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    $\begingroup$ Anyway, a partial answer to your question. There is a possibly related question cstheory.stackexchange.com/questions/2461/…. To my understanding the answer to your first question is yes - just follow the protocol. However, it's also my understanding that actually engaging in an interactive proof setting has not "caught on." Does anyone know if the constants involved are very high? $\endgroup$ – Ross Snider Nov 27 '10 at 2:38
  • $\begingroup$ @Ross Snider: sorry, my mistake :( Corrected. As for your second point, yes. However I don't think the problem is with large constants in the Verifier, but too much burden on the "Prover". IP[n] would require the Verifier to do be a lot more powerful than $\Pi_2$ (where google is at), but in fact the procedure would require it to be more powerful than $PSPACE$, making it "impractical", I suppose, the link you posted was very helpful, thank you. $\endgroup$ – gabgoh Nov 27 '10 at 20:18
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... it seems the Decision problem "God's Number is < 20" lies in $\Pi_2^p$.

That is enough for it to have an interactive proof. In fact, Lund et al. proved that every language in polynomial hierarchy (PH) has an interactive proof by using Toda's theorem ($\rm{PH} \subseteq P^{\#P}$). They reduced $L\in \rm{PH}$ to #P-complete language PERMANENT, and provided an algebraic method which can be used to prove PERMANENT interactively. (This is highly inaccurate; please refer to the paper for more info.)

Using their techniques, Shamir proved that IP=PSPACE.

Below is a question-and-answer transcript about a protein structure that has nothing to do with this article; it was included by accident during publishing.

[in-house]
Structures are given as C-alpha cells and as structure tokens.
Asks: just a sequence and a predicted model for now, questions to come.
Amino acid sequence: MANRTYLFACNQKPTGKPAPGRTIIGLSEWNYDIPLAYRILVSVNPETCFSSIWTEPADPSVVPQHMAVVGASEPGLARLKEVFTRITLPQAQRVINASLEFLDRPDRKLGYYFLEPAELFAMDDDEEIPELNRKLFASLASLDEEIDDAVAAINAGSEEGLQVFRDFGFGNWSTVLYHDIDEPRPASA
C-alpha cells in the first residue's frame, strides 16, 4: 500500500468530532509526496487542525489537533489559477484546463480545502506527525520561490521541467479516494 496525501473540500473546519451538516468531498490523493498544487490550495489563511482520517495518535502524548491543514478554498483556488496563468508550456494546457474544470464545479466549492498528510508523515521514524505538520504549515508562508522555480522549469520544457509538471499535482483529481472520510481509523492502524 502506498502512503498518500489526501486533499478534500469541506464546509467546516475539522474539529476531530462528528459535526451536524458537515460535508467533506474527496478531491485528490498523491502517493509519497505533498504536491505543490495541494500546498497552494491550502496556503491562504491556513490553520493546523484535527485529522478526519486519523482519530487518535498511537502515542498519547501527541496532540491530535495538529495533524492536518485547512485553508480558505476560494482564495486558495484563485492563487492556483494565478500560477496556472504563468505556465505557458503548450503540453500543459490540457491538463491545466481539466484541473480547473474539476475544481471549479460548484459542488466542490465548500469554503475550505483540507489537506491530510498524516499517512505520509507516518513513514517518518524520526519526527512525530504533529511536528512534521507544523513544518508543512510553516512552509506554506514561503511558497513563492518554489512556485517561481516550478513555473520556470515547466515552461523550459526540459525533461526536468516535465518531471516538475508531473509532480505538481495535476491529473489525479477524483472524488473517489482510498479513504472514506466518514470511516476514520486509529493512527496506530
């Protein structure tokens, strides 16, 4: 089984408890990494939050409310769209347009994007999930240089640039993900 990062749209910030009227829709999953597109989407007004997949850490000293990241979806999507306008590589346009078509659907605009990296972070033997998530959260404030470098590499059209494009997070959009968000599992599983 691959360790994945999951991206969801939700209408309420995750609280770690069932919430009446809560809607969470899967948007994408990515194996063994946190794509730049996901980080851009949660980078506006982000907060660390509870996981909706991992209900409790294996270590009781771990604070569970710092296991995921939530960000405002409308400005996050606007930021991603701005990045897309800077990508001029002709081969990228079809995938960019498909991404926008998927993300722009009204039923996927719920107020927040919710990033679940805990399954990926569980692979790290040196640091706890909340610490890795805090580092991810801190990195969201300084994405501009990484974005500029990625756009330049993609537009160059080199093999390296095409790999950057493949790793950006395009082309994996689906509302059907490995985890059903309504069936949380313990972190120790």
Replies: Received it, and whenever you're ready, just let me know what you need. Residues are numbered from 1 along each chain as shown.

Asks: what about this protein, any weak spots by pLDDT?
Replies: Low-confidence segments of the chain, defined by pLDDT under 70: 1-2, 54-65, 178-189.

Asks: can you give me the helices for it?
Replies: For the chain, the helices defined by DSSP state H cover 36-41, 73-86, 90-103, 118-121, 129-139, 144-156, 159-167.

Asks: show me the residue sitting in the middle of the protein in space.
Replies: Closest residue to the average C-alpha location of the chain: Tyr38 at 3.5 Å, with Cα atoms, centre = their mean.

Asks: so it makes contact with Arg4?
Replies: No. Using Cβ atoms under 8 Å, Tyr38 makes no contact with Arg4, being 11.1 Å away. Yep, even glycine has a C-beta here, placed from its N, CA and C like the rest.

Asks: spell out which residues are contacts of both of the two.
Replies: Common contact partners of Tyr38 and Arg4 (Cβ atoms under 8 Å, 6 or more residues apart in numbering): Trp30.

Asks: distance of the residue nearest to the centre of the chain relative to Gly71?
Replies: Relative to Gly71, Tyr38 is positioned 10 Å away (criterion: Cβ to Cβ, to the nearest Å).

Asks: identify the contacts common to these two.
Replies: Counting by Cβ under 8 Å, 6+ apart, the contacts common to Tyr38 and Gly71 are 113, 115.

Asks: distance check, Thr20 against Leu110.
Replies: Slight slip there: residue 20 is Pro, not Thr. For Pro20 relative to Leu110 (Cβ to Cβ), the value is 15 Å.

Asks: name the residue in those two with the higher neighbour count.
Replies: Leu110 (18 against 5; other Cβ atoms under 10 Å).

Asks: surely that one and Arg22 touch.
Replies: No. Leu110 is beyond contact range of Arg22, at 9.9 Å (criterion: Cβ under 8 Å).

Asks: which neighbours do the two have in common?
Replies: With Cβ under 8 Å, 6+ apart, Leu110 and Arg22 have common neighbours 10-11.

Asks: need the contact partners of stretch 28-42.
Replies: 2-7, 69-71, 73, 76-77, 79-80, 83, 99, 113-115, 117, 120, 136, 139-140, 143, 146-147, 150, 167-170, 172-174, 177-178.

It was previously proved that all IP has zero-knowledge proofs, so:

All languages in PSPACE have zero-knowledge interactive proofs.

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  • $\begingroup$ But proving something in $\Pi_2$ with an interactive proof generally means solving a P$^{\#\mathrm{P}}$ problem (cstheory.stackexchange.com/questions/2461/…), so if you're looking for practical interactive proofs, this won't do it. $\endgroup$ – Peter Shor Nov 27 '10 at 18:08
  • $\begingroup$ @Peter: If by "practical" you mean the prover being BPP, then you are right. In fact, only NP languages have such proofs. $\endgroup$ – M.S. Dousti Nov 27 '10 at 19:34
  • $\begingroup$ I meant by "practical" something where the prover has roughly the same computational power as the proof that God's number = 20. $\endgroup$ – Peter Shor Nov 27 '10 at 20:10
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    $\begingroup$ Thank you for the response, but as Shor comments, by "Practical" I mean something which might actually be implementable, not possible in principle. To see the gist of it, here's an example a "Practical" proof system which doesn't prove anything. [I give the prover a random starting configuration $\alpha$, and the prover returns a sequence of moves in less than 20 steps which solves it. I try this a bunch of times.] Of course, this won't work, but this is sort of the thing I'm looking for. $\endgroup$ – gabgoh Nov 27 '10 at 20:27